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by Steve Jackson
Harper, December 2007
400 pages
6.99 GBP
ISBN: 0007212089

Buy in the UK | Buy in Canada

Following on from his first successful Paul Aston book, THE MENTOR, Steve Jackson has crafted an intriguing tale of an MI6 agent assigned to a secret group (operating outside the normal bounds of MI6), which has been created by the agencyís head spymaster. The task assigned to this group: to uncover the mystery behind a severed hand that has been found in Rome, clutching 30 pieces of silver.

The victim turns out to be a retired MI6 officer who has dabbled in many unsavory vices, both while serving MI6 and following. Eventually the trail leads back to London, and to Paul Astonís old boss whoís in prison and about to stand trial for terrorist activities in London.

Along the way, the story told in THE JUDAS manages to uncover a Russian connection among a series of MI6 victims, each with their own gruesome tale of death. Astonís own life, that of his coworkers, and of his own family are all put in jeopardy as he attempts to sort out the story. Things become even more ominous when his imprisoned former boss makes a bold escape during the trial at Old Bailey.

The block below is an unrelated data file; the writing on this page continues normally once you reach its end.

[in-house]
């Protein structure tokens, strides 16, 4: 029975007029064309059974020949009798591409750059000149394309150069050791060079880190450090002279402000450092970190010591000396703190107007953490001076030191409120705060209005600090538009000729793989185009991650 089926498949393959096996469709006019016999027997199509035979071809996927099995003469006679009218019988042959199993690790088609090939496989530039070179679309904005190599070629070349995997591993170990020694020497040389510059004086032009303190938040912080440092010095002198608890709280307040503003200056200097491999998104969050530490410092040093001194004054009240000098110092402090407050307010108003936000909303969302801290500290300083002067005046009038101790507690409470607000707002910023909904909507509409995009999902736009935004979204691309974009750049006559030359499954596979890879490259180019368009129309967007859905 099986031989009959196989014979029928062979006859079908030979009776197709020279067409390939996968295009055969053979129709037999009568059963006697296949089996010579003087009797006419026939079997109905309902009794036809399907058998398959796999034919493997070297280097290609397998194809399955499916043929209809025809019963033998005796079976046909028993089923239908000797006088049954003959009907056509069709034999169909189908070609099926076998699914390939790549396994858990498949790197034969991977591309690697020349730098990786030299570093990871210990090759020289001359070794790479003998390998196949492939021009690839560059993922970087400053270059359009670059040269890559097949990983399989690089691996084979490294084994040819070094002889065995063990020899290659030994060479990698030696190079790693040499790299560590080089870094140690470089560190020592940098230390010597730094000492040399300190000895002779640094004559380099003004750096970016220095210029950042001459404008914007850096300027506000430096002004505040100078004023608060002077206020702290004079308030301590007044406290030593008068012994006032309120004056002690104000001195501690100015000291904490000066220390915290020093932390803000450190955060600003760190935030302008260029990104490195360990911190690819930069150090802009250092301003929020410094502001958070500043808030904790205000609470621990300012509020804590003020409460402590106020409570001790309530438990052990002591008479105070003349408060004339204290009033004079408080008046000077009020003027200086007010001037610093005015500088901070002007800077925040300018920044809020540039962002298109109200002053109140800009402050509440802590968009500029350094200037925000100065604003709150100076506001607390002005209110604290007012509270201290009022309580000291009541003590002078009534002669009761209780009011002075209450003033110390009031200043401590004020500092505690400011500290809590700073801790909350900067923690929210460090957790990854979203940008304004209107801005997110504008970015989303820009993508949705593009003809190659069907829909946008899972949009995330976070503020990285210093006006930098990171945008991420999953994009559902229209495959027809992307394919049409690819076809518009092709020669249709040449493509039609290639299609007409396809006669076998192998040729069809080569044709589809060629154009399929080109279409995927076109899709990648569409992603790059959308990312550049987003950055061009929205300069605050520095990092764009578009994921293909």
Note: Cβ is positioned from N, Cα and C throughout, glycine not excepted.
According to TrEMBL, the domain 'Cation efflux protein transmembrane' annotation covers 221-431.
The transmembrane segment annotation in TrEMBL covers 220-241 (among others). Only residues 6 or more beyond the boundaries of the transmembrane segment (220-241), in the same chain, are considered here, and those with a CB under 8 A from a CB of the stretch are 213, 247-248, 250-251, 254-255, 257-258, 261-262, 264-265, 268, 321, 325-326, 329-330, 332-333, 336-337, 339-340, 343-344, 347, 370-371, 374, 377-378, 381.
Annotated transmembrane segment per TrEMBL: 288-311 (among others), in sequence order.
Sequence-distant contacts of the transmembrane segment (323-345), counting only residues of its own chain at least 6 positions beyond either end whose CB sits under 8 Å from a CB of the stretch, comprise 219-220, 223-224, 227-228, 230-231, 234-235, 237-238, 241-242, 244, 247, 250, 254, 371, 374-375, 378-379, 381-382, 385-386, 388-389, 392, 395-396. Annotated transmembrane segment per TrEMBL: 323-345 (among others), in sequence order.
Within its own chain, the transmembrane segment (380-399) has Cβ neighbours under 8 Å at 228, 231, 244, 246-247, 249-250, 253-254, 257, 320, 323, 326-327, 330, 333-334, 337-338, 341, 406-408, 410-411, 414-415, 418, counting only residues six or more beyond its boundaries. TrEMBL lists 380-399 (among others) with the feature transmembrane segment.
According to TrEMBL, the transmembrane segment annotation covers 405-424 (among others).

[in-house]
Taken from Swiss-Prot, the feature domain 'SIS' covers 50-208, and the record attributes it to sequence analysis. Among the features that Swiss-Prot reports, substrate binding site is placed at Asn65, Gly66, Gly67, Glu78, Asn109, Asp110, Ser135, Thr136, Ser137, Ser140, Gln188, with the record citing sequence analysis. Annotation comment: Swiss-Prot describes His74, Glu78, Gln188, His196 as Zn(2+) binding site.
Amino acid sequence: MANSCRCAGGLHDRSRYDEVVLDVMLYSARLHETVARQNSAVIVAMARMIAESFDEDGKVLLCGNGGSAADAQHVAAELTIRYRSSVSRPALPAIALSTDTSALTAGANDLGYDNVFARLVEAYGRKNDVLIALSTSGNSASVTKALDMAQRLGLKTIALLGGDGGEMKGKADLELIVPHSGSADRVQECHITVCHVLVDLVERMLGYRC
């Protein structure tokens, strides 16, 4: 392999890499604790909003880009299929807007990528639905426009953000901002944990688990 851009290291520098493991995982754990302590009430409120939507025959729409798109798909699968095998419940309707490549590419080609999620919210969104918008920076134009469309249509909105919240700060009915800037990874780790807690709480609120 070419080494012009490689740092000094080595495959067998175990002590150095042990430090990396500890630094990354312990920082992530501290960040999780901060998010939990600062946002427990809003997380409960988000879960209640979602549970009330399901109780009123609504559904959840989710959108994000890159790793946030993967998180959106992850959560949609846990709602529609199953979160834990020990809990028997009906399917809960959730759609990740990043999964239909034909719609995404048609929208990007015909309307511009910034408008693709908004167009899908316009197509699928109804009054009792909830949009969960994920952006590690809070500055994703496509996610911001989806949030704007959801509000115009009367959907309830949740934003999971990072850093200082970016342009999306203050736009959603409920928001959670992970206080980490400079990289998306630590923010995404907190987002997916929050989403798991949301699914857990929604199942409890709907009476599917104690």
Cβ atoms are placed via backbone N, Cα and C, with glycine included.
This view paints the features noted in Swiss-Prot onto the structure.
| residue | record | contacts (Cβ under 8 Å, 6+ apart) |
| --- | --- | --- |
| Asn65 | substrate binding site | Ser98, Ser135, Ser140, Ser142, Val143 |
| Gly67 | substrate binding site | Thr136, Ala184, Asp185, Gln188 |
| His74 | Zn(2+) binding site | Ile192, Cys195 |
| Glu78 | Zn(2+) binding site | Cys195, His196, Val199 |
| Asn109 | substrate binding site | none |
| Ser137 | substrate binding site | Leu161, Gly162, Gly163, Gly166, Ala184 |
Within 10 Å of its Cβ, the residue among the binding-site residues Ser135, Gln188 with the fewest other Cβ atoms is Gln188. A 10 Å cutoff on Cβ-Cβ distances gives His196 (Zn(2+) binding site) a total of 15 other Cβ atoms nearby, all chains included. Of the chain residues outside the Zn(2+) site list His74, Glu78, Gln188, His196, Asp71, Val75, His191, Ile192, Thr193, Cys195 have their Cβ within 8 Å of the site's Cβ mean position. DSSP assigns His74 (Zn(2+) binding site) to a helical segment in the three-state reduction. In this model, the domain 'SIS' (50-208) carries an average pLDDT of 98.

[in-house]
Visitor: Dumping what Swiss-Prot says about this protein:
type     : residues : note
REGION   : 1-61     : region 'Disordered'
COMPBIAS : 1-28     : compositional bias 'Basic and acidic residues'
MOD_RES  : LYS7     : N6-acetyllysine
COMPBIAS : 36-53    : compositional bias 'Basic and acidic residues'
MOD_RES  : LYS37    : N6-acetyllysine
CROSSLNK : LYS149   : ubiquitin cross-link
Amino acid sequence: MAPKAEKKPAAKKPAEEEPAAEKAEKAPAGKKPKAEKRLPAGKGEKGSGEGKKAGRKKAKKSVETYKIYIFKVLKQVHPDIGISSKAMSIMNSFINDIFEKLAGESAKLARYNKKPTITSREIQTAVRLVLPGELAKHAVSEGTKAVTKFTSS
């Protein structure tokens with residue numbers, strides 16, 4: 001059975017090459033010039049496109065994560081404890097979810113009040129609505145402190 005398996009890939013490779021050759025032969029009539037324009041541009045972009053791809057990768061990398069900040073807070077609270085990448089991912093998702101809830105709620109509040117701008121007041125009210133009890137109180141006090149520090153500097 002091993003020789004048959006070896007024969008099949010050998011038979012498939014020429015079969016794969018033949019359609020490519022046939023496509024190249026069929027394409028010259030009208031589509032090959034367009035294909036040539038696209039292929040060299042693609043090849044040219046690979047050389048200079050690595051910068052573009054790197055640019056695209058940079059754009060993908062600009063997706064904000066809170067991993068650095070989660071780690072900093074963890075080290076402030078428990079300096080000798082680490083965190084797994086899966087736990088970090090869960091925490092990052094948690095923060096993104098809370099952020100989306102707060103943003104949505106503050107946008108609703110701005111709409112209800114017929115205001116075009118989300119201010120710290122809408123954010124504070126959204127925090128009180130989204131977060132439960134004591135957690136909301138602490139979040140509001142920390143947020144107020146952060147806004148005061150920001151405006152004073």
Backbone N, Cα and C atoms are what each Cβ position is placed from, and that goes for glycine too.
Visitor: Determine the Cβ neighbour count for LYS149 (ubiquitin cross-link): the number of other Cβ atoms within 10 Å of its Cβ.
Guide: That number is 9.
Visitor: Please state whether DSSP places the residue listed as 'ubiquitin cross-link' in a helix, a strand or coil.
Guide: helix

Yet because THE JUDAS is the middle book in a trilogy surrounding the relationship between Paul Aston and his former MI6 boss, readers are left hanging at the end of this novel, presumably to buy the next book in the series. For a reader coming to this thriller cold, it leaves an unsatisfactory sense of unsettled business at the thrillerís end. There are many parts of the book that rely on a readerís knowledge of previous facts revealed in the first novel, which is a decidedly aggravating distraction for readers. Readers know they are missing facts from the first book, but must soldier on with the story anyway.

There are many good elements to THE JUDAS: the main characters are engaging. Paul Aston is a likeable hero, the setting and dramas that play out in the story are intriguing, and the spycraft included in the tale adds interest to the story. Yet it is hard to overlook the series factor, and if readers are prepared to make the commitment to reading all three books, they are likely to find the complete saga worthwhile. For those coming to this middle volume without the foreknowledge of previous events, it makes for a somewhat less-than-satisfying read.

Reviewed by Christine Zibas, January 2008

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Contact: Yvonne Klein (ymk@reviewingtheevidence.com)

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